well, if you are sure about the 120 seconds timeout, I would advise using smaller queue size (10 emails), enable flexible sending, and set plugin timeout limit to 90 seconds to be sure (the last batch can start on second 89, and it can take time). This will ensure that everything will be sent. As for the errors reported on sending, my plugin has no control over the process after it sends the email, and it will get only basic error information that usually is not very helpful. Also, some deliveries may be sorted as spam or something else, so I can recommend having both senders and reply to set for your emails.
As for the delivery speed, when you use only WP delivery is faster, because email is plain text. If you use HTMLfy with my plugin, the resulting email is larger, so it takes longer to send. While SiteGround shared hosting is really good, all shared hosting have bad email servers with a lot of limits that they can’t handle differently for the price point, and that is why VPS is always better solution when dealing with large email traffic.
As for exclude/include, the filter used for that I explained previously can be used for both cases, include or exclude by the email type, so you can write custom code to exclude all emails from capture, except those with selected types. There is no way for me to create absolutely precise interface to control all that, because detection process is flawed, because WordPress default mail system is bad to begin with (that is why plugins like this one are needed, but limited with WordPress limitation).
May 30, 2020 at 4:00 am #63719
Thanks for your comments on settings values
Yes I have to use HTMlfy as my smtp service requires html for transactional emails.
I’ll have to do much researching on using the filter as I am not a php coder.
I’ll wait for the up coming new release and see how it goes.
I really appreciate the work you have undertaken to write this app. I remain amazed the WP email system hasn’t kept up with modern technology given its blogging history.
June 10, 2020 at 3:33 am #63834
Well thank you that is great
BUT might have a problem or two
All on my dev site so not affecting my production site yet.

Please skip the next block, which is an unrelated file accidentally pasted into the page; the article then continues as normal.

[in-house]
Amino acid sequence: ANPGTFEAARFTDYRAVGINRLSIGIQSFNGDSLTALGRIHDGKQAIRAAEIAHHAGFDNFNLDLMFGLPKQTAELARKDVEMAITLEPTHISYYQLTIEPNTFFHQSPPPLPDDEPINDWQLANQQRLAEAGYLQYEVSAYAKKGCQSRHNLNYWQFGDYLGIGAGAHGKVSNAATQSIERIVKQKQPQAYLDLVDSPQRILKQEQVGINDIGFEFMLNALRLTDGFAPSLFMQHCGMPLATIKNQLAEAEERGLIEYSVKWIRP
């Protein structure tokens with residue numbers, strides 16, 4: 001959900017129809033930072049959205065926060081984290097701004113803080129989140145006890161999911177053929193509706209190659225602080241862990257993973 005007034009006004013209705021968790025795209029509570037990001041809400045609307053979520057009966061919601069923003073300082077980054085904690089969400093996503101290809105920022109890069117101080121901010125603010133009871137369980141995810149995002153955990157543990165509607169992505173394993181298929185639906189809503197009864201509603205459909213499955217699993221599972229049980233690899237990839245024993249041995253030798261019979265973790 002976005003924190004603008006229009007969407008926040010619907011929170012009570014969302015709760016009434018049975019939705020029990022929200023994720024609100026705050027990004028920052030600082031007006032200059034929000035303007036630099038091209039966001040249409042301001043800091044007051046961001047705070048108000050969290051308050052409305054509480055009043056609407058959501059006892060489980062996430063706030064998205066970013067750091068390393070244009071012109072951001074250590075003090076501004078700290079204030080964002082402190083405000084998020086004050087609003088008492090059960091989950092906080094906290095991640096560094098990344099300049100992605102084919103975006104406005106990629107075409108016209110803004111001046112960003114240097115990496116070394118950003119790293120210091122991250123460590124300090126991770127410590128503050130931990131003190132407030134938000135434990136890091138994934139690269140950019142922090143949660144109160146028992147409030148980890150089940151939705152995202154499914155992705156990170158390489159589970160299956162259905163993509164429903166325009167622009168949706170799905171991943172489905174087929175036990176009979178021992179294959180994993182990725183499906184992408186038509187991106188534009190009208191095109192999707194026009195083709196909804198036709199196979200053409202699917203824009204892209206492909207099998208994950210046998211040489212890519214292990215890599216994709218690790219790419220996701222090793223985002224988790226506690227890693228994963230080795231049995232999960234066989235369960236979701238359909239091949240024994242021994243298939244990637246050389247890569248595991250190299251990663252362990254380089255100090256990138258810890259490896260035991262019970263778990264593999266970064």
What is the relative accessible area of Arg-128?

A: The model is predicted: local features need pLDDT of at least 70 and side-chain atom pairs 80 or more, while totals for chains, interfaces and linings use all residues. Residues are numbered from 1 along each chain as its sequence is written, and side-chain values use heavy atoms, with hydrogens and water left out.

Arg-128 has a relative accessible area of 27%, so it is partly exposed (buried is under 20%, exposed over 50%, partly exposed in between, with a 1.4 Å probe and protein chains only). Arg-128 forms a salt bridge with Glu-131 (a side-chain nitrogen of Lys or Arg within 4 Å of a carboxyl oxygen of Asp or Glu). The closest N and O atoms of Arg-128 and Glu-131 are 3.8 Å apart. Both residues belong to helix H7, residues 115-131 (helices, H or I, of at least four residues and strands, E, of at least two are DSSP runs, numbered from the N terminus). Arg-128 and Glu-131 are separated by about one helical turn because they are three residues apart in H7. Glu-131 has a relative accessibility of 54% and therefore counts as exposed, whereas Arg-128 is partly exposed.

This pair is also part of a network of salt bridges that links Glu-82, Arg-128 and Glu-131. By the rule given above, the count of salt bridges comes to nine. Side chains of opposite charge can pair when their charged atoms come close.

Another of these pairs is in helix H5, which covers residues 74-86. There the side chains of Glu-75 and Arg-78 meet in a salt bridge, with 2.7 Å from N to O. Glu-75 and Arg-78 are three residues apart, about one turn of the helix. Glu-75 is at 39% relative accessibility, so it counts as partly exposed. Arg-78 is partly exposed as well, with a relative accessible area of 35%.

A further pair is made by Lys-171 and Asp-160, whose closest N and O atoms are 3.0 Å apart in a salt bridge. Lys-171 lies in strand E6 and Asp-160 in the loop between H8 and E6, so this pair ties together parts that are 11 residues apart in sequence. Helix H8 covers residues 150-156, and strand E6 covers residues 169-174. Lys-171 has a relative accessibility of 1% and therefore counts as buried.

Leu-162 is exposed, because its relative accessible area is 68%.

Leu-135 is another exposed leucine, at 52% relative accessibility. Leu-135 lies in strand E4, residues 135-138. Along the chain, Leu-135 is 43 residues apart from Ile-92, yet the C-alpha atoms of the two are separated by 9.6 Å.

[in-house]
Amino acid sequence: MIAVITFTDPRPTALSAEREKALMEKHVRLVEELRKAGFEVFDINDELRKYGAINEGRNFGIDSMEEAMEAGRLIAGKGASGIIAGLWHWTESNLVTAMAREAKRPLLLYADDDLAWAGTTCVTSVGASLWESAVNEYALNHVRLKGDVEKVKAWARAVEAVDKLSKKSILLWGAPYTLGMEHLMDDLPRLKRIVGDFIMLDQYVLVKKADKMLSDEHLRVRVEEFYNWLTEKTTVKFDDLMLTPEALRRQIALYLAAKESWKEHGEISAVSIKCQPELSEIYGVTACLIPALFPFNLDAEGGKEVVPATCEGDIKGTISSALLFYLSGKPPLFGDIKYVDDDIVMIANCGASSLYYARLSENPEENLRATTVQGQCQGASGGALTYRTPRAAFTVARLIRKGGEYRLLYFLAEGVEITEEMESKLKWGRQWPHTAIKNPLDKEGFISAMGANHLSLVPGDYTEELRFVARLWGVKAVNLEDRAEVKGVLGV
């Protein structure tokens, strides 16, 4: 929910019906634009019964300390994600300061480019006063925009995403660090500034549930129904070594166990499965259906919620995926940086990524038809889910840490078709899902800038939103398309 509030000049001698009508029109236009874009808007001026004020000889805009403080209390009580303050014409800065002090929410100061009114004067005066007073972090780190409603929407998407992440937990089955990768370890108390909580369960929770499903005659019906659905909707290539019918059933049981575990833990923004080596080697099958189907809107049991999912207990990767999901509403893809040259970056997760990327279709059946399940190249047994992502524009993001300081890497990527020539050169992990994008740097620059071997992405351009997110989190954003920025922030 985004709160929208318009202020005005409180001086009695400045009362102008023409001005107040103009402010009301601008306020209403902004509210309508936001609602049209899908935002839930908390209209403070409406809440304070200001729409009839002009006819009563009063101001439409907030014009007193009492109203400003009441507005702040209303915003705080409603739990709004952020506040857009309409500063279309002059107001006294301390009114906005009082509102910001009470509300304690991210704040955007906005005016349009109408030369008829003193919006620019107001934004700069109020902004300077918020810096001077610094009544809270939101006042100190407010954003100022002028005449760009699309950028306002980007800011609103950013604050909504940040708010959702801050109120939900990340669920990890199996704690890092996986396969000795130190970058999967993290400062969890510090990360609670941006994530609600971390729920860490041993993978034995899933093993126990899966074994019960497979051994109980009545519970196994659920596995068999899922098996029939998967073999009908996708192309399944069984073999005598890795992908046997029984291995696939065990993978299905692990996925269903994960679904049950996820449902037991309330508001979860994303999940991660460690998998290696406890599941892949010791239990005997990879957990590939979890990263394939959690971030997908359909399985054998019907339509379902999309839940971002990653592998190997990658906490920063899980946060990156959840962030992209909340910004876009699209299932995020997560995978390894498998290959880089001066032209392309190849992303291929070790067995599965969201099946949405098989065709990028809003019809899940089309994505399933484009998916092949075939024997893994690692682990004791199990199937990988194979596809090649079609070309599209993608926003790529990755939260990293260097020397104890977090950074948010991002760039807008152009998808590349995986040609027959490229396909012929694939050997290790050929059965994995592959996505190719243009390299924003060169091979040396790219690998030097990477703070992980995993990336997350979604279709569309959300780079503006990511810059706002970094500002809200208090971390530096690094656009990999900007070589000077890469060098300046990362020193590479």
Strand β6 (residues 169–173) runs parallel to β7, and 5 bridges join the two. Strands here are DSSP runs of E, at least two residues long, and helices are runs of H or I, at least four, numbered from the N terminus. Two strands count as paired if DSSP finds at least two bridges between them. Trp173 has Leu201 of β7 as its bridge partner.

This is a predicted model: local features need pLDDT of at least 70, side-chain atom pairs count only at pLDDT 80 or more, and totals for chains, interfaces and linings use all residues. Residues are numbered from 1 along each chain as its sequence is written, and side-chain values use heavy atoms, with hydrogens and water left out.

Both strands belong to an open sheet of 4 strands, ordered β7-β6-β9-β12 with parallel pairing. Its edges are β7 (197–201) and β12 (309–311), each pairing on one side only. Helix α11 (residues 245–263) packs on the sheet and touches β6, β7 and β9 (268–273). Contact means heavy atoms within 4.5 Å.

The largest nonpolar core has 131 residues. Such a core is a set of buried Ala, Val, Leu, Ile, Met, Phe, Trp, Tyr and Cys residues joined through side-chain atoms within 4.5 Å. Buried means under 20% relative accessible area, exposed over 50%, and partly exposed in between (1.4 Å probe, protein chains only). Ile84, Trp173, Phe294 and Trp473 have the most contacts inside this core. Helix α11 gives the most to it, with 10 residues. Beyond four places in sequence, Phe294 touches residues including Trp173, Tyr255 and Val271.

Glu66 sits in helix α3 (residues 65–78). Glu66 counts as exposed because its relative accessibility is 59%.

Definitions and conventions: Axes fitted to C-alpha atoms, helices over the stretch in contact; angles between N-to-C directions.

I am now re-receiving emails from before – ie emails I got from previous testing. Not sure just how many just yet but more than 100. I saw 94 emails in the queue according to the overview. there have also been a number of ‘locked in queue’ and this number keeps changing each time the queue runs
I have also installed ‘query monitor’ plugin and it gave me an error during updating process – sorry have lost the exact message but it was a missing file from a download folder (on wordpres.org i think) and I think the file had a “.sig” extension – at least that is the last bit i could see in the error message. Apart from that the update was successful.
June 10, 2020 at 4:08 am #63835
Well my smtp service said it sent 124 emails for me (today so far) and they all appear to be from a previous test run when I tried to send 154. But it seems to have not resent the first 30 or so of that test. I think it looks like the first queue execution (of about 25 emails – yes 25 vs 30 don’t match up but are close) were sent and flagged in the db as being sent but the remaining 124? which were still in the queue but ‘locked’ because the queue run aborted because of php max_exectution_time_limit crash. And now the automatic resetting of ‘locked entries’ in the queue has finally sent them.
I had deleted these ‘locked’ entries from the log thinking that would delete them from the database of emails waiting to be sent – but maybe that didn’t happen..
If so, I think I will have the same problem on my production site as that where I first tried to send my ‘bulk’ email test and only 25 or so of my intended 132 were actually sent. If so I am happy to manually delete database entries using phpadmin but i just need a bit of guidance to make sure I would be deleting the correct entries
June 10, 2020 at 9:45 am #63836
The queue has own database table: ‘wp_gdmaq_queue’, emails that are sent by the Queue are stored there. Emails with ‘waiting’ ‘status’ are those that were locked when the PHP timeout killed the execution, and new plugin version will change their status back to ‘queue’. And, you have ‘sent’ and ‘fail’ too.
June 10, 2020 at 9:51 am #63837
so if i don’t want to send the ones that are now ‘waiting’ then I have to clear the database. correct?
I have found a way to clear databases (and statistics) using the tools menu option. I guess i use the clear databases on my production site before i upgrade so as NOT to send the unwanted emails. correct?
I have used these 2 tools on my dev site and now am unable to set the queue interval. it defaults to 1 minute and no matter what i put into the field or use the updown arrows to select a value when i click save settings the screen refreshes and the field is blank again. and the queue interval defaults to 1 again,
Fairly sure it was set to 5 minutes before i used both tools – it was before the upgrade anyway and i could set it then as well
June 10, 2020 at 10:39 am #63841
Minor 3.5.1 has been released to fix the issue with Cron value saving.
As for the database, you can always clean the ‘wp_gdmaq_queue’ table. This table is auto clean every day to remove old sent/failed records anyway (older than 30 days).
June 10, 2020 at 10:43 am #63842
ok – but its not been 30 days and i have 104 ‘waiting’ in the database so i’ll need to manually clean it then
thanks for the big fix – applied and it works